Pistons' defense fails them in loss to Pacers

Vincent Goodwill Jr.
The Detroit News

Indianapolis — Looking at the box score, the Pistons could feel like they had a pretty successful night against one of the Eastern Conference's best defensive teams, the Indiana Pacers.

They shot nearly 50 percent, nailed 12 3-pointers at a 50 percent clip and had seven players score in double figures while playing under control, committing just 10 turnovers.

But they let their old habits come back to bite them, on the defensive end, as all of that offensive goodness went to waste against a hobbled team scrambling to stay in the playoff picture.

The Pacers got everything they wanted and got it a little easier than the Pistons, winning 114-109 Wednesday at Bankers Life Fieldhouse, leaving Stan Van Gundy less than pleased about a defensive effort that gave up 72 percent shooting in the second half.

"Virtually no resistance whatsoever," Van Gundy said. "It's nice that we've made offensive improvement but we have no collective defensive mentality right now. If we want to be good, and we've gotten a lot better, we have to develop some intensity on the defensive end."

In the past couple of weeks, they've given up 114 to Toronto in a close loss, 118 to Orlando in a win and Wednesday's porous showing. Having Greg Monroe and Andre Drummond combine for 34 points and 25 rebounds usually produces the kind of effect that results in wins, but in a game where the first team to play defense would win, the Pistons were late to that party, too.

"Virtually everybody in the locker room judges themselves by how they play offensively," Van Gundy said. "Everybody cares about their offense but I didn't see anybody out there who really cared about getting stops."

Perhaps a couple of 84-80 slugfests would do this Pistons team some good, if Van Gundy's sentiments about their thought process holds true. But even good teams get lulled into believing good offense means a good night.

"I've played on contenders like that, where you get a flow of a game and you get derailed," veteran forward Caron Butler said. "You have to have a sense of pride on the defensive end, 'I'm not gonna let this guy score on me' or 'I'm gonna be there for my teammate.' That comes along."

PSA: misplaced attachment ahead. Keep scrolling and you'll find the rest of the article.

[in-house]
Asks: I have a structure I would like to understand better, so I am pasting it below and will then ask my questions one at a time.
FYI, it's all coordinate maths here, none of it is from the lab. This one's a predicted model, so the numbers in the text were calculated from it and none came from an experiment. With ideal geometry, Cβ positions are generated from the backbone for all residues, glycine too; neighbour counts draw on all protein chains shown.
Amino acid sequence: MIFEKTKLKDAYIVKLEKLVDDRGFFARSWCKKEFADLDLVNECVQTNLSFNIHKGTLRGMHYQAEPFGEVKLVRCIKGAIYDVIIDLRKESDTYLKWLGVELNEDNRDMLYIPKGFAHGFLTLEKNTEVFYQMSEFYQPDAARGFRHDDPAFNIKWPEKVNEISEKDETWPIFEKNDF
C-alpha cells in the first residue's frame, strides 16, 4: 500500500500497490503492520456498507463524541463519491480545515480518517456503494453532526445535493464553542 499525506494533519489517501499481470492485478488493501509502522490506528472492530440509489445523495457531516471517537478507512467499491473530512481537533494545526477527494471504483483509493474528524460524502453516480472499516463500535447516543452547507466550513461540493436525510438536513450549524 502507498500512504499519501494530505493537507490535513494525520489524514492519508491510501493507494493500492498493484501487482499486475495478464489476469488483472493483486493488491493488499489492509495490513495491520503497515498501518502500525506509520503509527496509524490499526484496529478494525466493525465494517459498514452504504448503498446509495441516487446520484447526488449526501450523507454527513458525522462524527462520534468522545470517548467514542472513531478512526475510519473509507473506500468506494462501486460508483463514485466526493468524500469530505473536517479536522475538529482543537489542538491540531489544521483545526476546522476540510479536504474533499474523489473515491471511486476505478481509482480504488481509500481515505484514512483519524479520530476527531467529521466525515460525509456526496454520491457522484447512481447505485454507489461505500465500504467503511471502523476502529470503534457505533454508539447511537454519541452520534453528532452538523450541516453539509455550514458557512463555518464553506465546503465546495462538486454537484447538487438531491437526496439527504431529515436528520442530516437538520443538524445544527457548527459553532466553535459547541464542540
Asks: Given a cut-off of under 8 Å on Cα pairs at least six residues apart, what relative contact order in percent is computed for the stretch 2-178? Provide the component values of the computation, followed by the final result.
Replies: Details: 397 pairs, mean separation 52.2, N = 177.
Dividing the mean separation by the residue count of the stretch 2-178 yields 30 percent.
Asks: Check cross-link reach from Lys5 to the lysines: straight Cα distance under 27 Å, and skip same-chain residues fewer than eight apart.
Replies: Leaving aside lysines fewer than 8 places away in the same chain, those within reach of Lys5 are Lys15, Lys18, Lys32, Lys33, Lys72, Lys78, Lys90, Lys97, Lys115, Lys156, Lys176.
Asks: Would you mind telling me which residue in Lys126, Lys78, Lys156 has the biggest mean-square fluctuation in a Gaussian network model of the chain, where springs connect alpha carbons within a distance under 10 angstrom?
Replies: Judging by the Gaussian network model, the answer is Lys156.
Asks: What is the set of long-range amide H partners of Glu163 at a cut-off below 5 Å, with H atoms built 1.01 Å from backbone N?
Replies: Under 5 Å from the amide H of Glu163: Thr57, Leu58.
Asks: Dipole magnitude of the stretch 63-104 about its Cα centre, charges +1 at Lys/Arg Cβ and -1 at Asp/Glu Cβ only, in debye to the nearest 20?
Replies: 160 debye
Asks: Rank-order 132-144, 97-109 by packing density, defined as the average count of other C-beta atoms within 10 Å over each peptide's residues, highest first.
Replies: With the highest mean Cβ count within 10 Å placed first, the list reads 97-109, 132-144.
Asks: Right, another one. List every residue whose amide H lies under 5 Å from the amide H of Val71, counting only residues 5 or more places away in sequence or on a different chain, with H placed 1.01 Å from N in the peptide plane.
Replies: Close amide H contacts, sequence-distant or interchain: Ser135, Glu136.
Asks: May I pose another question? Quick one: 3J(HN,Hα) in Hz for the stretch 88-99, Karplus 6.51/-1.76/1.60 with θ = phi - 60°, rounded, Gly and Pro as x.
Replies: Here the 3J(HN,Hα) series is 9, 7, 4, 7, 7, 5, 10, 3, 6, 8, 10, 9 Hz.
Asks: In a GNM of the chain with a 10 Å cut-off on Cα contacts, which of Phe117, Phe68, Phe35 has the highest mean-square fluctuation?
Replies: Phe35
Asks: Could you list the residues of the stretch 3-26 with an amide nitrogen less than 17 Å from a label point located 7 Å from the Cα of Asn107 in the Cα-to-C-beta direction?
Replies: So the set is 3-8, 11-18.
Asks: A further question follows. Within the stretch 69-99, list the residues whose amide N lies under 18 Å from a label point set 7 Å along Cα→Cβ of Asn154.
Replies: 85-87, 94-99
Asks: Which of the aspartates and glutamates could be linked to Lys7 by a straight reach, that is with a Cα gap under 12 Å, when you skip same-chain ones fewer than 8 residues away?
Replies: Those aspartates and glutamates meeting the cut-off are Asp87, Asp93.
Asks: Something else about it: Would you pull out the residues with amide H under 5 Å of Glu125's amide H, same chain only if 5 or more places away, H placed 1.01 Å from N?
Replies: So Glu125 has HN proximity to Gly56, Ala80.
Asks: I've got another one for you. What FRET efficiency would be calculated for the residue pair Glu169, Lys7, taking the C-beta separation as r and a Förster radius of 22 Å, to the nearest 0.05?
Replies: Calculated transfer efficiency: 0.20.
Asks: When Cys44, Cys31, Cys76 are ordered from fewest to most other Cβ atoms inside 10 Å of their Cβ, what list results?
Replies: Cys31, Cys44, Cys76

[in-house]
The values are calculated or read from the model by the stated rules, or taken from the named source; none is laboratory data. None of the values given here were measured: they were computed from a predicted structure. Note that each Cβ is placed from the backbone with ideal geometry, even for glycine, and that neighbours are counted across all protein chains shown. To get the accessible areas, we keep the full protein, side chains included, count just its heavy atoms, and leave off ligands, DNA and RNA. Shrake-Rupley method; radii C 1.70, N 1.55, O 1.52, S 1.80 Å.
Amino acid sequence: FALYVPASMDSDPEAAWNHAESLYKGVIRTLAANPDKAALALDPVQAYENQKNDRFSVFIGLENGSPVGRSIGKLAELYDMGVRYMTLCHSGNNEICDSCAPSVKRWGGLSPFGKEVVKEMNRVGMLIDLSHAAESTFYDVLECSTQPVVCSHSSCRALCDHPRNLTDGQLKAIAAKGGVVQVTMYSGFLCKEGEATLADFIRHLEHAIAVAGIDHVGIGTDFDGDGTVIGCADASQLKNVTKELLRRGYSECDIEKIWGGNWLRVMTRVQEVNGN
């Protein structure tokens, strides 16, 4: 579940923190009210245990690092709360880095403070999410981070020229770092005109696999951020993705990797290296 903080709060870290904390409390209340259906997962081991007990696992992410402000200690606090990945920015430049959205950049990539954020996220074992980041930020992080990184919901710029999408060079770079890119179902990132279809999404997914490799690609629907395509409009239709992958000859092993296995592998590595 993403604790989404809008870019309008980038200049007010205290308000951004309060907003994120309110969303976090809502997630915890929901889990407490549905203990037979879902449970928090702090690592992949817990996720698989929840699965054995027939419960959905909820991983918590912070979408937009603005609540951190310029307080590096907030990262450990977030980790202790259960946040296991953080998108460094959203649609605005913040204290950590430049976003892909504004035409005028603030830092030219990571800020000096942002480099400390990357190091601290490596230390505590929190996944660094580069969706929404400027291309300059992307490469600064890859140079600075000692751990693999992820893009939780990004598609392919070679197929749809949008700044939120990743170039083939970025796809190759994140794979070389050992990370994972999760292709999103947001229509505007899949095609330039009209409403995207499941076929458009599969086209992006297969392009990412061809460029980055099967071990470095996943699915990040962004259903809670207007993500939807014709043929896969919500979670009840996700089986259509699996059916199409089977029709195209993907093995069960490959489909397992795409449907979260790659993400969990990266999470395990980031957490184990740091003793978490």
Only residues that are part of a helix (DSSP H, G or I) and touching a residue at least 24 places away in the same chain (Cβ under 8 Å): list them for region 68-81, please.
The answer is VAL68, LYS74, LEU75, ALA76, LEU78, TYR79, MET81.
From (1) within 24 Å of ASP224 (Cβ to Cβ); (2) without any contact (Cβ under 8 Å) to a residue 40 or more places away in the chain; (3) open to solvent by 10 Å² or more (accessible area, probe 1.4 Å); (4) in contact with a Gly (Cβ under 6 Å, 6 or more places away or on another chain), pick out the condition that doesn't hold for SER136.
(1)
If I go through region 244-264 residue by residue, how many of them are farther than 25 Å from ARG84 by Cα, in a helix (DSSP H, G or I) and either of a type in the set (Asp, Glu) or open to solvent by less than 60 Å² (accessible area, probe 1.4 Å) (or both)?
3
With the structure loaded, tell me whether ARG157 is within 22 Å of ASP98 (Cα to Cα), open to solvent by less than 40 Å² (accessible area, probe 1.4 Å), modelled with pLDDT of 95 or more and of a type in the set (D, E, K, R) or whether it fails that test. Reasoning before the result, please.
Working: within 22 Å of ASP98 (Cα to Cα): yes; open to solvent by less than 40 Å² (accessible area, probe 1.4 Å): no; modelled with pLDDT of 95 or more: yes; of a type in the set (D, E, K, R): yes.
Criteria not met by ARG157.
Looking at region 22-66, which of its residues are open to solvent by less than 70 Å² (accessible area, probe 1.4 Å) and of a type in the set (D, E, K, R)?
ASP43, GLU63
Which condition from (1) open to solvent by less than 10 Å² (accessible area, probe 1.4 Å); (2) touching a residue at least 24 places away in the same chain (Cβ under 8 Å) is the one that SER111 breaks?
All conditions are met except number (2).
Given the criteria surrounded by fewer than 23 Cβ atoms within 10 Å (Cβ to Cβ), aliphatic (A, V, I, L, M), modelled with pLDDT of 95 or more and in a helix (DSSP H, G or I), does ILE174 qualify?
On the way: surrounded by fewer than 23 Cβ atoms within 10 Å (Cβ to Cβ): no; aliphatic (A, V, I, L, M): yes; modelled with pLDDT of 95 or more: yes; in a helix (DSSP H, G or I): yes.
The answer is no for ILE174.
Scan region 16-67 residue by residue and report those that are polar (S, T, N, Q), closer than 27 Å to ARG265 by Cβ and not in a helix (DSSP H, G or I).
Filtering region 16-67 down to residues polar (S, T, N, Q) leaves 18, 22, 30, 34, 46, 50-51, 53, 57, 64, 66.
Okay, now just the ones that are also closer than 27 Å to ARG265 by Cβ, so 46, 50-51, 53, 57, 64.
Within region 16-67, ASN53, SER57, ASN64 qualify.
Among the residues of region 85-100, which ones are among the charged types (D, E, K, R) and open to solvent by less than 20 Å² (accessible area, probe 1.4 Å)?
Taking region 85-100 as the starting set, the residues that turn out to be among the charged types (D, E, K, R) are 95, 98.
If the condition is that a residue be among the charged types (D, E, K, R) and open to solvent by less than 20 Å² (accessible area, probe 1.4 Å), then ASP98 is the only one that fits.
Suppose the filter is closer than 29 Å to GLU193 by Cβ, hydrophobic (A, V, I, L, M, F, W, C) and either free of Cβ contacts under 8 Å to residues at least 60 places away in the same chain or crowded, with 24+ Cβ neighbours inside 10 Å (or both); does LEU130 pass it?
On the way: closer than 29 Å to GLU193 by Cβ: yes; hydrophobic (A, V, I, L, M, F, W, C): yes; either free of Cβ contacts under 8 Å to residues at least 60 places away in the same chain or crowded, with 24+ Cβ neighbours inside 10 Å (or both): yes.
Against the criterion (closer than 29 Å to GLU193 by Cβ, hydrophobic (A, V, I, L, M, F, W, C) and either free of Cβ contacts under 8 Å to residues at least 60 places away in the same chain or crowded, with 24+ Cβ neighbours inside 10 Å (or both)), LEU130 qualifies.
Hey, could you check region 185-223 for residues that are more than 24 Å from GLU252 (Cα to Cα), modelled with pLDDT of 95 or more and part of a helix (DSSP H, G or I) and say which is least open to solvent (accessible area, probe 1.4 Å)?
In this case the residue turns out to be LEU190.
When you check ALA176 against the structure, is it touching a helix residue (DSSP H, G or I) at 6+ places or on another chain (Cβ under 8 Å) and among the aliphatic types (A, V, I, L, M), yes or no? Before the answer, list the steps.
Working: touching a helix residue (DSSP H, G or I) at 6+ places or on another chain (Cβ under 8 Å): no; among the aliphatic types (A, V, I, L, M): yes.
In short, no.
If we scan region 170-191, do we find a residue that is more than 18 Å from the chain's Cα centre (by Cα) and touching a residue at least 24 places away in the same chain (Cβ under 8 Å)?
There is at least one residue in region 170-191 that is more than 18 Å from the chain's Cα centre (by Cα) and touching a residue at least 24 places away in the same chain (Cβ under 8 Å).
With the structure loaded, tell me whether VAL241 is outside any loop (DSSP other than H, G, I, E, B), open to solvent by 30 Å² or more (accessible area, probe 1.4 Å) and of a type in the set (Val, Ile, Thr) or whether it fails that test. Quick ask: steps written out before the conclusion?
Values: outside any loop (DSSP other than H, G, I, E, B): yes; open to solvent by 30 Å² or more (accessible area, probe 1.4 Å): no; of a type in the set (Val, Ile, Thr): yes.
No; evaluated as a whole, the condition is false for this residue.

On a night where the Pacers wore uniforms that harkened back to their rough-and-tumble past — their close-but-no-cigar days of the mid-90s — they put together an offensive display that would've made their predecessors blush.

Roy Hibbert and David West matched Drummond and Monroe's production, as Hibbert scored 16 with 12 rebounds and three blocks while West scored 14 with seven rebounds — clearing the way for point guard George Hill to score 20 with six assists in 26 minutes.

They didn't have to do much defensively to beat the Pistons, but made two critical plays that either turned momentum or closed the door on a Pistons' run in the final minutes.

With the Pistons trailing by four, Pistons point guard D.J. Augustin was unexpectedly trapped at midcourt and tried to dump it off to Jodie Meeks but Pacers swingman C.J. Miles stepped in for a steal with 13.6 seconds left, getting fouled.

Mileshit consecutive 3-pointers after the game was tied at 96 with five minutes left — as the Pistons' defensive woes were exacerbated by Kentavious Caldwell-Pope unable to go after the first three minutes with a sore right Achilles, due to an injury Tuesday against Miami.

A couple of possessions earlier, with the Pistons in need of a bucket to keep the Pacers feeling the pressure, West stripped Butler and the wily veteran streaked downcourt for an uncontested dunk, leaving Butler with a wry smile after getting caught by a fellow experienced player with a move he likely would've used on an unsuspecting soul.

"They had a nice deflection at the end — and actually (another one) on my turnovers," Butler said. "I knew he wasn't gonna follow me after my fake, he just got me from behind."

West's dunk with 2:58 left gave the Pacers a six-point lead, and although the Pistons kept fighting back after slow starts, coming back from 12-point deficits in each half, they couldn't do anything besides make the Pacers sweat a bit — as there would be no late miracles.

After the Pistons' bench stretch of defense was anchored by Joel Anthony with four minutes left in the first half, they came away with a 49-48 lead that didn't hold.

A 22-9 start to the third quarter by the Pacers left the Pistons with just one ally — the 3-pointer. They made their first five from long range while their defense played catchup — which didn't last after hot starts to the first and third quarters for the Pacers.

The usually anemic Pacers shot 14 of 18 (77 percent) in the third, setting the stage for both to shoot the lights out in the fourth.

"This was kind of a hit-or-miss game," Butler said. "Like Coach said, the first time that decides they're gonna get stops is gonna win this game. And obviously they decided to do that. We gotta be better."